Adjuvant atezolizumab delays recurrence in early-stage NSCLC patients
medwireNews: People with stage II–IIIA non-small-cell lung cancer (NSCLC) derive a significant disease-free survival (DFS) benefit from adjuvant treatment with atezolizumab versus best supportive care (BSC), according to phase 3 trial results.
“IMpower010 is the first global phase 3 trial using an immune checkpoint inhibitor to show a [DFS] outcome” in this patient population, said the presenting author Heather Wakelee (Stanford University, California, USA) at a press conference for the 2021 ASCO Annual Meeting.
In the study, 1005 patients who had received one to four cycles of adjuvant chemotherapy after complete resection of stage IB–IIIA disease were randomly allocated to receive up to 16 cycles of atezolizumab 1200 mg every 3 weeks or BSC. The median follow-up at data cutoff was 32.8 months.
Heather Wakelee discusses the efficacy and safety data from the IMpower010 study, touching on the cost aspect and outlining the key unanswered questions.
As per the hierarchical statistical testing mandated by the protocol, the researchers initially assessed DFS in participants with stage II–IIIA disease and a tumor cell PD-L1 expression level of at least 1% (using the SP142 assay) and found a significant 34% reduction in the risk for disease recurrence or death with atezolizumab versus BSC.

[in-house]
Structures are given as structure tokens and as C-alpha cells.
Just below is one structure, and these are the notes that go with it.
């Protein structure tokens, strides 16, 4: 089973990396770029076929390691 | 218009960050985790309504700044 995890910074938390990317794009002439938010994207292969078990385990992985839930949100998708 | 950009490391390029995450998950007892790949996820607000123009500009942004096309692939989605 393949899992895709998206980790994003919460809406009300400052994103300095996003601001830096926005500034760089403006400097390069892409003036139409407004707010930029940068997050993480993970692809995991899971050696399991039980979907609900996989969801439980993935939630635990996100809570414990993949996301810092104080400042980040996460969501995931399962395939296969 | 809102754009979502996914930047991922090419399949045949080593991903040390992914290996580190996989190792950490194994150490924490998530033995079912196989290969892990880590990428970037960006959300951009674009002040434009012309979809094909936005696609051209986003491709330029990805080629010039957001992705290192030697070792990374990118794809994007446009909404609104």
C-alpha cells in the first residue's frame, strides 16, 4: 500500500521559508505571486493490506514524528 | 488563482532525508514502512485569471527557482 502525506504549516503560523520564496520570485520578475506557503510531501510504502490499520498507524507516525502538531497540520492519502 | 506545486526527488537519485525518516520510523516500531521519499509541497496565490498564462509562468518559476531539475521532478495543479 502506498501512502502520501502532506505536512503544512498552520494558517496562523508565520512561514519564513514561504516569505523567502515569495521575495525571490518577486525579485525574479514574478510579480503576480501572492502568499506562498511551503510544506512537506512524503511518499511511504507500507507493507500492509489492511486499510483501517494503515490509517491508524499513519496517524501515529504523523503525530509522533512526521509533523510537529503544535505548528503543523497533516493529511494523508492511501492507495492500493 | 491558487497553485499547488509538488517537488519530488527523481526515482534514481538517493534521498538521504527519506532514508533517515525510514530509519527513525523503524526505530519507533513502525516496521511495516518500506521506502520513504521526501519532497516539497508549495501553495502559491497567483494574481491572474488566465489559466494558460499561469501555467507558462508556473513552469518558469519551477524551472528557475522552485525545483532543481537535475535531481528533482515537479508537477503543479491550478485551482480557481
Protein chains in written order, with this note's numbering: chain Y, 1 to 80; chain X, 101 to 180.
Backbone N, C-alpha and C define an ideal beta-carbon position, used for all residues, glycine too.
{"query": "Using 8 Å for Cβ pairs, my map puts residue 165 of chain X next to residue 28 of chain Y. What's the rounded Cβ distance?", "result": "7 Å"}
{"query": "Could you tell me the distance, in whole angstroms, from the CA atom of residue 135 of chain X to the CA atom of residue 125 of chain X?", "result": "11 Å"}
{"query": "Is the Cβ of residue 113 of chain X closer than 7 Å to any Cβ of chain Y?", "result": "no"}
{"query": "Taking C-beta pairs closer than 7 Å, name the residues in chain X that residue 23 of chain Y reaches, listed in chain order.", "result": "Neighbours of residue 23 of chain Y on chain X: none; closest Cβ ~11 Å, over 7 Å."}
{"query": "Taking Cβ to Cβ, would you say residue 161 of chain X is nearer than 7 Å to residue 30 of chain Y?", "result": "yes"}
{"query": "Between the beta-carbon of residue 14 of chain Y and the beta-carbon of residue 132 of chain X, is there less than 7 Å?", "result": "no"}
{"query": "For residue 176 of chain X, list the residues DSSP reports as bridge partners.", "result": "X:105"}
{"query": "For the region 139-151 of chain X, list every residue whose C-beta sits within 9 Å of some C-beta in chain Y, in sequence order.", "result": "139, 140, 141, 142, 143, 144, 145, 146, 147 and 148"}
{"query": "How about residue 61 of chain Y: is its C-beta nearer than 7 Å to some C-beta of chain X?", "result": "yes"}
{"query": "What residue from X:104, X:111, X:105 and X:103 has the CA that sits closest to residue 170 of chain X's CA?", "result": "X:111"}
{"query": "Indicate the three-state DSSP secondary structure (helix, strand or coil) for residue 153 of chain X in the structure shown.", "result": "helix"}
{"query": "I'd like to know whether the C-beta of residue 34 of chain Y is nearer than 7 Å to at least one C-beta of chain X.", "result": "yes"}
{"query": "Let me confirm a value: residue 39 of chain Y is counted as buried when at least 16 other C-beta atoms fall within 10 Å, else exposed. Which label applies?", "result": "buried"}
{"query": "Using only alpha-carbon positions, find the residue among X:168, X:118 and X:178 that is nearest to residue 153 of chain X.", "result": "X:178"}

The median DFS duration was unreached and 35.3 months in the atezolizumab and control groups, respectively, and the DFS rates at 24 months were 74.6% versus 61.0% and at 36 months were 60.0% versus 48.2%.
Atezolizumab treatment also significantly reduced the risk for recurrence or death by 21% relative to BSC among all patients with stage II–IIIA disease, with respective median DFS times of 42.3 and 35.3 months, and 24- and 36-month DFS rates of 70.2% versus 61.6% and 55.7% versus 49.4%, respectively.
Wakelee and colleagues then evaluated the full study population comprising all patients with stage IB–IIIA NSCLC, but although the DFS results again favored the PD-L1 inhibitor (stratified hazard ratio=0.81), the prespecified boundary for statistical significance was not crossed.
“The overall survival data are not yet mature and have not been formally tested” in this interim analysis, commented Wakelee, and added that “[s]afety data for atezolizumab were consistent with its safety profile and no new signals were identified.”
Adverse events (AEs) of grade 3 or 4 occurred in 21.8% of atezolizumab-treated patients and 11.5% of those given BSC. The rate of treatment-related AEs of grade 5 was 0.8% in the atezolizumab group and 18.2% of patients discontinued the PD-L1 inhibitor due to AEs.
“Given the significantly improved DFS outcomes with adjuvant atezolizumab in patients with PD-L1 expression, it is more important than ever to screen certain high-risk people for lung cancer early and detect PD-L1–positive tumors through biomarker testing,” concluded Wakelee.
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